To Win @ CES, Tell A Story

To Win @ CES, Tell A Story

To Win @ CES, Tell A Story

By John Digles, Executive Vice President. Midwest GM

We’re back from an incredible week at the Consumer Electronics Show where MWWPR helped launch game-changing new health technology, introduced a new digital health service that provides real-time insights and coaching, and represented the largest exhibit of AI, robotics and automation, among other assignments.

At CES 2019, we earned global media coverage for our clients, attracted over 170 media visits to a single booth, collaborated with influencers to create social content that was among the highest engaged and shared during the show, represented one of the most-covered health technology launches, and helped our clients win Best of CES awards for wearables, health tech and product innovation.

With nearly every major technology company at CES, 4,500 booths and 180,000 attendees, competition for attention is fierce. Brands build massive booths, fly in celebrities for appearances, host lavish parties, and invest in big, exciting exhibits. How do you give yourself the best chance to win at CES amid that level of noise and competition? Tell a deeper story, make it about more than the technology, and make sure you reach the audience that matters most to you.

While ‘the story’ seems like it’s often the objective, telling a relevant story to the right audience is one of the most common misses at CES. Exhibitors often preview new technologies at the show and focus on promoting design and features and whiff on the opportunity to talk about the purpose for the innovation, the company that made it and the vision for what the product will mean to its consumers.

The right story can serve as an equalizer at CES and can turn a smaller exhibit into a larger presence that can contend with a big main hall booth. Here’s an overview of how we’ve done it:

  1. Develop a deeper narrative. New technology may be the star, yet the story about the what is incomplete without the who and the why. The CES spotlight is a rare opportunity to invite global media to look deeper into your company. How does this innovation illustrate your mission? Does it represent a change in direction or validate previous investments? Is your brand planting a flag in a new category? Are you seeking new partners for the next stage? With the eyes of global media on your brand, your story should play beyond tech media.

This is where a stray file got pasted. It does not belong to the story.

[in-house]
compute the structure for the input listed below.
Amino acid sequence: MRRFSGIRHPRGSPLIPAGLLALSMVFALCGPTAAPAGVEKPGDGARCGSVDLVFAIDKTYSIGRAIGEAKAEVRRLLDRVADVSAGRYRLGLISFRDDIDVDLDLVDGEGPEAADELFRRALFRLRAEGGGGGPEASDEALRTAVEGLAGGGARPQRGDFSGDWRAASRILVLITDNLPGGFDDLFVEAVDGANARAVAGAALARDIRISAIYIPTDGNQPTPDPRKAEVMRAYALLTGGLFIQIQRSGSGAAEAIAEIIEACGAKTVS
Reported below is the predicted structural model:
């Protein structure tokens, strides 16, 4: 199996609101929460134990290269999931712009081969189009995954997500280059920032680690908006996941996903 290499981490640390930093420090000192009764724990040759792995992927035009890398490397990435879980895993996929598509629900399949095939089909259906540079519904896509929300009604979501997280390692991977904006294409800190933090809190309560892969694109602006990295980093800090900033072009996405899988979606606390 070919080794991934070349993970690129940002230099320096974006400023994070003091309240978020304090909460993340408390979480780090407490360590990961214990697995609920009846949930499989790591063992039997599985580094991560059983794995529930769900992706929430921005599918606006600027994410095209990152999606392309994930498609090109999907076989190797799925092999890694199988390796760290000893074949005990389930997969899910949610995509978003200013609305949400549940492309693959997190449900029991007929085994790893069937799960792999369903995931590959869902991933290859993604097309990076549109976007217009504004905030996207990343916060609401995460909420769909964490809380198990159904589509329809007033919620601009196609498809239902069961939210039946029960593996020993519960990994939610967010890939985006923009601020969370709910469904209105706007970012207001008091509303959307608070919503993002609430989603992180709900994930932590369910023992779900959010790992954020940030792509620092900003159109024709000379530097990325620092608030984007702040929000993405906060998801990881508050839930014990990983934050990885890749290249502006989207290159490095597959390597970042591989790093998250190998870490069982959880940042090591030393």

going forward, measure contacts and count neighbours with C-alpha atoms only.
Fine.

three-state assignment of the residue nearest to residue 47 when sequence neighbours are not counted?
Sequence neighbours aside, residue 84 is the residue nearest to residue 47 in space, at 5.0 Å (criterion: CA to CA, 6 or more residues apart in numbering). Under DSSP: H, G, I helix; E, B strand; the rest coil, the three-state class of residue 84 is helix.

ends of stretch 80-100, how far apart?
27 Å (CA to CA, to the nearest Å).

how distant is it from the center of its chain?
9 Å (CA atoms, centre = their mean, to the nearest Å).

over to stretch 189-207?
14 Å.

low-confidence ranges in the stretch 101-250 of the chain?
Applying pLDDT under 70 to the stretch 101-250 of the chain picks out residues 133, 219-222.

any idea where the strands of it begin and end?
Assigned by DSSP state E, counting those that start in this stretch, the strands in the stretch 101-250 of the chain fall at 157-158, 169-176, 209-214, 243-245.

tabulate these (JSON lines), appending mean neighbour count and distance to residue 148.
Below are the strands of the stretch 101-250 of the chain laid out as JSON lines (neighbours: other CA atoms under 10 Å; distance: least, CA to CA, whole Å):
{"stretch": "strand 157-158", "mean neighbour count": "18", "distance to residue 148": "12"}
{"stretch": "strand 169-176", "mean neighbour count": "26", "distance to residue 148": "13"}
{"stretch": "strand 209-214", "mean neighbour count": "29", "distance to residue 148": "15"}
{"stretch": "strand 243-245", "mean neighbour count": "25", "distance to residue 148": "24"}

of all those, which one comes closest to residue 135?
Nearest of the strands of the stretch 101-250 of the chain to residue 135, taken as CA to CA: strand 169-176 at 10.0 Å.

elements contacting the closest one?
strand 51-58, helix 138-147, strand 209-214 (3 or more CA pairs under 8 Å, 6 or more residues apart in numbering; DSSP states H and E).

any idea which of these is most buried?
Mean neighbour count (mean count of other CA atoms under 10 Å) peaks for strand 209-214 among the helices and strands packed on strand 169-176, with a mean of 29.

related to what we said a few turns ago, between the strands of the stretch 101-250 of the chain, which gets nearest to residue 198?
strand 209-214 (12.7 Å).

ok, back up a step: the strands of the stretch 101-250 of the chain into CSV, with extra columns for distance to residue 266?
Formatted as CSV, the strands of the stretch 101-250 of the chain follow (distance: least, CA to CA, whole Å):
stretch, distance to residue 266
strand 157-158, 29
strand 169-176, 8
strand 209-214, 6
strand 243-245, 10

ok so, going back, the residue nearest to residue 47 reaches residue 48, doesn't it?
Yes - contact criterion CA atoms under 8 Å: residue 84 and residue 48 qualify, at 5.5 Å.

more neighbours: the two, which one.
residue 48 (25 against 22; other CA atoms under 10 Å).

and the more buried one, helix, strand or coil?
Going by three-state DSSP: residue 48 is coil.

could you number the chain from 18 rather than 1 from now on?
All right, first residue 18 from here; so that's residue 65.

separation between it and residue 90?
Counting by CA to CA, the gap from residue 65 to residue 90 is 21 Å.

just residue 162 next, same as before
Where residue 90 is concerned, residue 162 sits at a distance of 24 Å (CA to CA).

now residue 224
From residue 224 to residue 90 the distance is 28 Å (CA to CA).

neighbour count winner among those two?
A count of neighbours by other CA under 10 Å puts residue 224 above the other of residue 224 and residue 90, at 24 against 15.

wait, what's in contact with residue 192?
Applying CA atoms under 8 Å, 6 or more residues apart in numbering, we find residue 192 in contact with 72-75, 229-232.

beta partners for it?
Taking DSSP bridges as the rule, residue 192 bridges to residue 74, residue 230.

2. Create visuals to tell your story. Your booth, your social content and the photos your give to media should all be visual assets to support the deeper story. We’ve used booth signage, staff uniforms, visitor giveaways and media kit design to draw attention to founder vision, company missions and even social purpose platforms u2013 and made those parts of the story matter at CES.
  3. Cast and prepare your storytellers. Your storytellers should fit your story and your goals. They should be trained to tell the story consistently u2013 and stay focused on it. Top executives are consistently trained for media interviews and, given the focus on technology specifics, so are developers and engineers. When clients want to leverage CES to recruit new talent, we’ve prepared Millennial employees to lead media interviews, talk about the workplace and issue the call for candidates to join them on the next stage of the adventure.
  4. Reach the audience that matters most. CES is a massive media event with thousands of reporters at the show u2013 mostly tech and consumer media. Nearly every product launch at CES has an end-user in mind. Health writers, beauty bloggers and even sports writers are some of the media wanted to reach with our story but they are not usual CES attendees. We’ve brought bloggers and influencers to the show and took the CES show on the road for post-show media events to ensure every key media target u2013 and their audience u2013 received the story from us, as intended.

Winning at CES means standing out from a big crowd. Stunts may win the day but, when the event ends, media remembers what really mattered, and the right story is essential to maintain post-show mindshare.